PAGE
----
All five members of the Federal Communications Commission are expected to take part in programs during the convention, including Chairman Tom Wheeler, a long-ago president of NCTA, who will chat onstage with Powell, a former FCC chairman himself, on Wednesday morning. CEOs of Comcast, Time Warner, Cox Communications will appear on executive plenary sessions, chatting with their counterparts from AMC Networks, A&E Networks, Turner Broadcasting, plus top officials from Cisco and Disney.
Comcast Chairman and CEO Brian Roberts, the biggest name in the industry and getting bigger, will also make a Wednesday morning presentation.
NCTA expects 12,000 attendees, with the entertainment community in L.A. sending about 1,000, roughly matching the 1,000 local policymakers, mostly from federal agencies and Congressional staff, who stopped into last year’s convention in Washington, D.C., but will not make the California trek this month. Hence, the total turnout would remain in the same range as it has for several years, which is well below the nearly 30,000 attendees of the late ’90s, before industry consolidation reduced the industry’s executive and vendor ranks.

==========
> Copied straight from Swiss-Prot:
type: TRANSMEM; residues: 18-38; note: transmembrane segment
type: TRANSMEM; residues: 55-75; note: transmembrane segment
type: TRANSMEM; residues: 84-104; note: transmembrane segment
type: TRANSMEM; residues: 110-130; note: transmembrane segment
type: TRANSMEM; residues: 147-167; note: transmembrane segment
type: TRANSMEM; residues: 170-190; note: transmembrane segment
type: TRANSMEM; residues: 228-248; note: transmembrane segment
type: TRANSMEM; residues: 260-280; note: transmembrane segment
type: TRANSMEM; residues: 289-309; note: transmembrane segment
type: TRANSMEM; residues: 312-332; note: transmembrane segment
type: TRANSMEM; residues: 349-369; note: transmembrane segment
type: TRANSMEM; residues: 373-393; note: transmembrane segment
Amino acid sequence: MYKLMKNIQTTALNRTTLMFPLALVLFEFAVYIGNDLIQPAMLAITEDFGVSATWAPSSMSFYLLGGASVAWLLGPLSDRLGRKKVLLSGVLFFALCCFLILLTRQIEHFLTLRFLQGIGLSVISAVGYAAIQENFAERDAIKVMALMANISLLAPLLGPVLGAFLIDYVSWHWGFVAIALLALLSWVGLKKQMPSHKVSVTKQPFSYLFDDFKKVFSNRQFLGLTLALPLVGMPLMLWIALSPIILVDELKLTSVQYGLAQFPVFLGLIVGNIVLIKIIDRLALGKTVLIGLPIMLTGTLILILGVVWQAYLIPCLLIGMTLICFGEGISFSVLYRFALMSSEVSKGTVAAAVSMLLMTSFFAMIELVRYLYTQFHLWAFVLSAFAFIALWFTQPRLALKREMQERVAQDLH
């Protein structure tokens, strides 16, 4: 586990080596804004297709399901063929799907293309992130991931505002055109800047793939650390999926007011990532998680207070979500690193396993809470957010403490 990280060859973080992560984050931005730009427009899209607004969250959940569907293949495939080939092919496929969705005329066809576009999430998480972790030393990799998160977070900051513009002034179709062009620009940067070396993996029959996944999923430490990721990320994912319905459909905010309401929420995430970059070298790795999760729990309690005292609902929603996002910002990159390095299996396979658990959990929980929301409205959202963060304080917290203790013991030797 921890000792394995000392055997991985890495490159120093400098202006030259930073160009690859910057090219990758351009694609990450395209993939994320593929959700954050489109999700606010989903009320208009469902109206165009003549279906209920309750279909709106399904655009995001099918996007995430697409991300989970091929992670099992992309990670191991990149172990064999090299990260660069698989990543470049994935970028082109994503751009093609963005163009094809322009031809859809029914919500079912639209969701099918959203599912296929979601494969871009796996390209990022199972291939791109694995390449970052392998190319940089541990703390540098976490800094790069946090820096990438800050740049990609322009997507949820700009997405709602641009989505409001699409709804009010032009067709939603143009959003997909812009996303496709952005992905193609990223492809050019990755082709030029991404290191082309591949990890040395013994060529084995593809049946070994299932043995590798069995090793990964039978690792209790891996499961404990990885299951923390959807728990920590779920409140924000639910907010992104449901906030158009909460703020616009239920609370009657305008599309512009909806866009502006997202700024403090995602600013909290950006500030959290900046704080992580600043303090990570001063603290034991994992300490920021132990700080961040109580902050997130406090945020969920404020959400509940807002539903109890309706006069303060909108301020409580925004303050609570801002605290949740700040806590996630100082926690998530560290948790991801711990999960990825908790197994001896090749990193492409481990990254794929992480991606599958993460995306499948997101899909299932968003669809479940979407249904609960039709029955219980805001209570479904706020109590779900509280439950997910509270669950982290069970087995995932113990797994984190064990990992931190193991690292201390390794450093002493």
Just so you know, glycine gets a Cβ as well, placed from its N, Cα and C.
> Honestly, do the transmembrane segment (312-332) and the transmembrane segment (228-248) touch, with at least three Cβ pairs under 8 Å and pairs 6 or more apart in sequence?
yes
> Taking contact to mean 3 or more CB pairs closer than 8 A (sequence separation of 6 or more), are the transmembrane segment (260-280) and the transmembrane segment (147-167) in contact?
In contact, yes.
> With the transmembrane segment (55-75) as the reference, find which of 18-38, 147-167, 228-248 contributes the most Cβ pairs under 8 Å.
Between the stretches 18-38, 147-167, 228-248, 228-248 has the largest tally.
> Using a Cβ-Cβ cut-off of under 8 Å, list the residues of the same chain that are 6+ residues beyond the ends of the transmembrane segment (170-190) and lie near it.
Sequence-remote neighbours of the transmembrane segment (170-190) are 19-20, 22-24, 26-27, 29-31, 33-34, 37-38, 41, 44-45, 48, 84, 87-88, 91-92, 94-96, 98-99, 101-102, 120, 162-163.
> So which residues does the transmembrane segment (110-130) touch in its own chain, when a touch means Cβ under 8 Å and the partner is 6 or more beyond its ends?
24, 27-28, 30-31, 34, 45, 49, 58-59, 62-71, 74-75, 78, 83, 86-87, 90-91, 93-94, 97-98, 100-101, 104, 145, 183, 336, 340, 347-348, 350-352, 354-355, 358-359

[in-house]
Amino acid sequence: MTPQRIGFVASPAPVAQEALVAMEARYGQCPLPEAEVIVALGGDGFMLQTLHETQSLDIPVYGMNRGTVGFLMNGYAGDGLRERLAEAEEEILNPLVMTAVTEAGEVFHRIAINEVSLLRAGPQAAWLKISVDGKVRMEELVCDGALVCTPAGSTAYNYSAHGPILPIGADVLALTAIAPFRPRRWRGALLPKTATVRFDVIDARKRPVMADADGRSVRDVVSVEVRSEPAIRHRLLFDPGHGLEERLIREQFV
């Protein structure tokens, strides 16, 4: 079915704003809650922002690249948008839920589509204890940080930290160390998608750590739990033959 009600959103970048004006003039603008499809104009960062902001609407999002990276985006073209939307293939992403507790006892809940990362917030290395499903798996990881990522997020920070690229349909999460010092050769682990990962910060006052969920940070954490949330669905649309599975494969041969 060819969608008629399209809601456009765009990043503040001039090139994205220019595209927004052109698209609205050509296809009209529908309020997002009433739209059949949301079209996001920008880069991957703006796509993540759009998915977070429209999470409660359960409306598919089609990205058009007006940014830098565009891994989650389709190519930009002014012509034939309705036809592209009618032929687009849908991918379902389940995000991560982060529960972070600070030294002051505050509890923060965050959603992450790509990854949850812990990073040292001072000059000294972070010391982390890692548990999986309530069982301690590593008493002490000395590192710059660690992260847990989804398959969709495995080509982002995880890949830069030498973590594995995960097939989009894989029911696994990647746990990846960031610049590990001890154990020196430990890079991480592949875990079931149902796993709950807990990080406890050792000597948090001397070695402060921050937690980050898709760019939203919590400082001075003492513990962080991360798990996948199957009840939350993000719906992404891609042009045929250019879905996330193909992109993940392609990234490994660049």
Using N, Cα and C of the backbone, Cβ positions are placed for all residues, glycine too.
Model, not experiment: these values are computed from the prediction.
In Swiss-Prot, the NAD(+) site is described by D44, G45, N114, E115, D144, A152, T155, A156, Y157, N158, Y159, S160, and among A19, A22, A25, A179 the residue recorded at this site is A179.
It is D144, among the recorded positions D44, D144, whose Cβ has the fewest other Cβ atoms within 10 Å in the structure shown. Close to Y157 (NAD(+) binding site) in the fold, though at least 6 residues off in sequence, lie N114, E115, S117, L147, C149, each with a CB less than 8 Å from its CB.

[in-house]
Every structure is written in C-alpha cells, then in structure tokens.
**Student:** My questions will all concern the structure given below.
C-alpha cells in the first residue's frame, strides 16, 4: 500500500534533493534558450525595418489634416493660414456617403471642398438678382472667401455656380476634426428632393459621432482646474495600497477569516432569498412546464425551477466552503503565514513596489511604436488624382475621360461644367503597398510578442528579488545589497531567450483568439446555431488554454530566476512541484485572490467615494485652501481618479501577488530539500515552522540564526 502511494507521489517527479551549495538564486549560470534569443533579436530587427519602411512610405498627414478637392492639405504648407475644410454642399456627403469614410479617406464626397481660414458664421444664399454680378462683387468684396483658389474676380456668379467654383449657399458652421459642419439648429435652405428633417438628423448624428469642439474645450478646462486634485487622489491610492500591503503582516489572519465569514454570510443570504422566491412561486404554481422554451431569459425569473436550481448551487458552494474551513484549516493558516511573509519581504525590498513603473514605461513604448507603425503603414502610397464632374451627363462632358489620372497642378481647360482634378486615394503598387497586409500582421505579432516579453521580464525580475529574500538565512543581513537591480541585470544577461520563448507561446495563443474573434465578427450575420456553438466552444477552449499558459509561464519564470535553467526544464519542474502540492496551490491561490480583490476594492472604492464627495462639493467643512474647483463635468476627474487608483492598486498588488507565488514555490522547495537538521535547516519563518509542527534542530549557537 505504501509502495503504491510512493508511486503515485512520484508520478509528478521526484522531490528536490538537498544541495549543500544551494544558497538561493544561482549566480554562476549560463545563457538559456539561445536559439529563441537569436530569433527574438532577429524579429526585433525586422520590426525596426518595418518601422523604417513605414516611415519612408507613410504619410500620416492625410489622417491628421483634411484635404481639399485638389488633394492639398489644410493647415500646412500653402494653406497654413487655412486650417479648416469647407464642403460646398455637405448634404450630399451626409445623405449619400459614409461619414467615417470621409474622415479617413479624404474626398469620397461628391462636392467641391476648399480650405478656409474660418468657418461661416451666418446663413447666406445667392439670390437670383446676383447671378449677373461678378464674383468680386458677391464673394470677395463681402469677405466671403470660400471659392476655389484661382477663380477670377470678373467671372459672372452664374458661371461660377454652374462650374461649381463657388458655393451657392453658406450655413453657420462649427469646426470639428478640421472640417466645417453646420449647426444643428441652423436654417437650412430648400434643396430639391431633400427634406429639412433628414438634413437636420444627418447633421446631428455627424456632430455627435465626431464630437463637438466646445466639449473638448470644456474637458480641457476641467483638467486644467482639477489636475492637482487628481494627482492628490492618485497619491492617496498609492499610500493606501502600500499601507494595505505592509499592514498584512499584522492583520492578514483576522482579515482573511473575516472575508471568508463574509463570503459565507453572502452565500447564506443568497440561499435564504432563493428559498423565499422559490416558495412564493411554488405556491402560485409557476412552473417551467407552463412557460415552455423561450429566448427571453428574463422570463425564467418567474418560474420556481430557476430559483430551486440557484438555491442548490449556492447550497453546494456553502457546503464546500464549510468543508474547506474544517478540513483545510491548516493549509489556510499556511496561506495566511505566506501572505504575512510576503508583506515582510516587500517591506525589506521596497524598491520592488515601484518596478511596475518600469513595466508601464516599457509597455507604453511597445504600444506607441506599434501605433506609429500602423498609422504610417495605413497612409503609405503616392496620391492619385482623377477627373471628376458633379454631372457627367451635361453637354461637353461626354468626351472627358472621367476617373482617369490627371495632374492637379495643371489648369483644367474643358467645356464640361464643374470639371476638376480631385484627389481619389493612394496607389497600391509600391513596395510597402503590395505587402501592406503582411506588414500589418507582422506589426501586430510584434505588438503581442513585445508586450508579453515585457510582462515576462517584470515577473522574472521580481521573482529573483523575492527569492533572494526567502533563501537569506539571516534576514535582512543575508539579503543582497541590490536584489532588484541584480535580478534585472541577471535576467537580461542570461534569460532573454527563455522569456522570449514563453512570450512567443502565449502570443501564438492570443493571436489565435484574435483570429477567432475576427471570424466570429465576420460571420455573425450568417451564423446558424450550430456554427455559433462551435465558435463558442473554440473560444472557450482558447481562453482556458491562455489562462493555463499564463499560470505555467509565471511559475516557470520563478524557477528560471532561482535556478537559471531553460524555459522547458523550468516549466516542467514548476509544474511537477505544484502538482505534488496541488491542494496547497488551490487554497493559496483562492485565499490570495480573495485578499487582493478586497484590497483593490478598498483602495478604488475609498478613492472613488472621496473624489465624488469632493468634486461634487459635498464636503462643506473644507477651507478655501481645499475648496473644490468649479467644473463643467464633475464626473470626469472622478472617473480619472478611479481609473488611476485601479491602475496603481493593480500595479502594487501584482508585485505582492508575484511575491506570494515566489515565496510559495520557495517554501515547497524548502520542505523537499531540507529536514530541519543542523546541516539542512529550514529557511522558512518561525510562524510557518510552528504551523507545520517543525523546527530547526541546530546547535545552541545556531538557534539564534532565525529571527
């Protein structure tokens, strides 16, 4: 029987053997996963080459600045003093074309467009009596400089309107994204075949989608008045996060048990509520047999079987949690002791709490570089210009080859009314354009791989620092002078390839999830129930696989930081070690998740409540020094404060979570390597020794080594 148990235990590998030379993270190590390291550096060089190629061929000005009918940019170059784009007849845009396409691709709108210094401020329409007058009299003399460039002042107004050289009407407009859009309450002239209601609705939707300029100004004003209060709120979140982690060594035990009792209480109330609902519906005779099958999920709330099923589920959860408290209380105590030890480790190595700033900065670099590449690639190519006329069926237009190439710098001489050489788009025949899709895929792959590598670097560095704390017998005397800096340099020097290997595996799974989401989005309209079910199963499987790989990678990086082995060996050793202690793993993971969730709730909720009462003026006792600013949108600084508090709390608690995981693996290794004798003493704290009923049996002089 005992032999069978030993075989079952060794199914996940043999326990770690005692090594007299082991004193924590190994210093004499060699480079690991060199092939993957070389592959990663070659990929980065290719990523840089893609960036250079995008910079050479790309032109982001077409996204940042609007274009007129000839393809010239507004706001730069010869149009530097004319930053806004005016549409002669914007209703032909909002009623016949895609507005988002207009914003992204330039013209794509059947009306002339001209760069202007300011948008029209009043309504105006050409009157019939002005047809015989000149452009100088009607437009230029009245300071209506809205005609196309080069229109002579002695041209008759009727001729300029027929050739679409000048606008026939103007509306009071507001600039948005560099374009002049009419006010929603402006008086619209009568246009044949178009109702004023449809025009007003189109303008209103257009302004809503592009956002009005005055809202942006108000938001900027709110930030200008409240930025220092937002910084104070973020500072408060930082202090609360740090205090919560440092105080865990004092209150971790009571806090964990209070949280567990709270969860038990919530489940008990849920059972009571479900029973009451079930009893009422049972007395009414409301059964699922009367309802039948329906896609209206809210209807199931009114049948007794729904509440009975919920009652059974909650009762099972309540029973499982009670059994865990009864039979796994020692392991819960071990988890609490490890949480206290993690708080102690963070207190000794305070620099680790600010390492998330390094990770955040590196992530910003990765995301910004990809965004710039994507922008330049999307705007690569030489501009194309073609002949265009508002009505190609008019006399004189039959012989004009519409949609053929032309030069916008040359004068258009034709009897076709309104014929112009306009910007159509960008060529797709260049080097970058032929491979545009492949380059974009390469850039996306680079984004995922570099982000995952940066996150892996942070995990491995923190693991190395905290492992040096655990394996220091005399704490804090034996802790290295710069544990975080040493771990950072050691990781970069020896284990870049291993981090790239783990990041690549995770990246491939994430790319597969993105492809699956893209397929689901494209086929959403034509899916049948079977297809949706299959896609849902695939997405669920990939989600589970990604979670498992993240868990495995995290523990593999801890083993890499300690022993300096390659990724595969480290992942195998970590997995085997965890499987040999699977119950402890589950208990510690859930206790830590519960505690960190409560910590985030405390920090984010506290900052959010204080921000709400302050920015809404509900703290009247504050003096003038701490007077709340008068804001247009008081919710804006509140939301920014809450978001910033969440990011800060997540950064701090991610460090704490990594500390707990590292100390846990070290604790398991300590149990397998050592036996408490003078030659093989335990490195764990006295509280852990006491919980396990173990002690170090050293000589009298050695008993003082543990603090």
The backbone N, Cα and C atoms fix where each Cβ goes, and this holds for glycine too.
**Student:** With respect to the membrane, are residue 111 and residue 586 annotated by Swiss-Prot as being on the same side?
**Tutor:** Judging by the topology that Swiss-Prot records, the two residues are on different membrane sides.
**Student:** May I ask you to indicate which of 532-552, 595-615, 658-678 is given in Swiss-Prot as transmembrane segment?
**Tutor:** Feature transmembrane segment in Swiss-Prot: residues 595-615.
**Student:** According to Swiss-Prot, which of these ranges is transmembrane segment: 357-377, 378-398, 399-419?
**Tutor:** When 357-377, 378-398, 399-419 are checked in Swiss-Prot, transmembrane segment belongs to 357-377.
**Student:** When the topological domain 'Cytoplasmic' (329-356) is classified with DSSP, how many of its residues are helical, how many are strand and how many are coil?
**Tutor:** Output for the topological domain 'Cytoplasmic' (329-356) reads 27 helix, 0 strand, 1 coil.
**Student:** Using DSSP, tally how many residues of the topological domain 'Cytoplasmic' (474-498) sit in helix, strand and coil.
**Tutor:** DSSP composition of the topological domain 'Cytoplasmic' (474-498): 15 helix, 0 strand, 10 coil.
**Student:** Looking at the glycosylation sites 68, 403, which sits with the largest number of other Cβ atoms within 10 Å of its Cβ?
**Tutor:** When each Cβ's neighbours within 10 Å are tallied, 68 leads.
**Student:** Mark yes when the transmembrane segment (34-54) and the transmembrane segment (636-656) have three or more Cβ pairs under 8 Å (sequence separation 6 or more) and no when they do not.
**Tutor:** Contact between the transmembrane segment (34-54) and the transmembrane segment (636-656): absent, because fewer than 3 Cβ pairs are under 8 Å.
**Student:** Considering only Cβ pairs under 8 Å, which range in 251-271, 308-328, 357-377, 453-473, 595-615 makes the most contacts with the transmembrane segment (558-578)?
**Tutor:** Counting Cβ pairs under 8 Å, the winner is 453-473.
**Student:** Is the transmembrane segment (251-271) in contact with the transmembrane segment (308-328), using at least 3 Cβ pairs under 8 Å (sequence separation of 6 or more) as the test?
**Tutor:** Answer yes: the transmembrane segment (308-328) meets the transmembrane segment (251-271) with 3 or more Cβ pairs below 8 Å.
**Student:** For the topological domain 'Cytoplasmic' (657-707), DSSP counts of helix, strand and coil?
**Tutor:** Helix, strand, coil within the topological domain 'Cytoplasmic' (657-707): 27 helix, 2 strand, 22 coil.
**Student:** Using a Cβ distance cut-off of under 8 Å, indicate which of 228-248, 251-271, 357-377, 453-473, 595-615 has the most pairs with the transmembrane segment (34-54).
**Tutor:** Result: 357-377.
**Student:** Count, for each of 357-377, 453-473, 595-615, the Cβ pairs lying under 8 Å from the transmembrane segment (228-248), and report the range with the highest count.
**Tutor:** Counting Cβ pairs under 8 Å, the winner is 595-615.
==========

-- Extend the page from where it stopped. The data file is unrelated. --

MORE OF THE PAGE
International attendance at the Cable Show has grown in recent years, and this year should represent about 10 percent of the turnout. Barbara York, NCTA’s senior vice president for industry affairs, credits the “high profile of Los Angeles” plus the participation of network presidents, such as top executives from Scripps Networks Turner Broadcasting, who have recently invested overseas.
An opening day Wall Street session with four veteran telecom/cable analysts will explore “industry restructuring” and where cable fits into the telecommunications landscape, especially in light of upcoming merger-and-acquisition dealmaking.
In addition to the FCC commissioners, other regulators and legislators will offer their views during four “policy” sessions. Speakers include state regulatory agency officials, FCC and Congressional communications subcommittee staff members and officials from other federal agencies. Other major convention sessions look at operations, programming and advertising.
WHERE THE TECHNOLOGY IS
Convention planners do not expect any breakthrough technology revelations at the Show; a canvass of exhibitors similarly indicated a low-key exhibit hall. Nonetheless, the conference agenda and exhibit halls are peppered with hints about where the industry is heading. Technical sessions and show floor/suite demonstrations are laden with ideas and products for the transition to the all-IP delivery system. Cable’s ability to carry Ultra High Definition TV as well as the growing “business services” category also figure heavily into the L.A. convention landscape.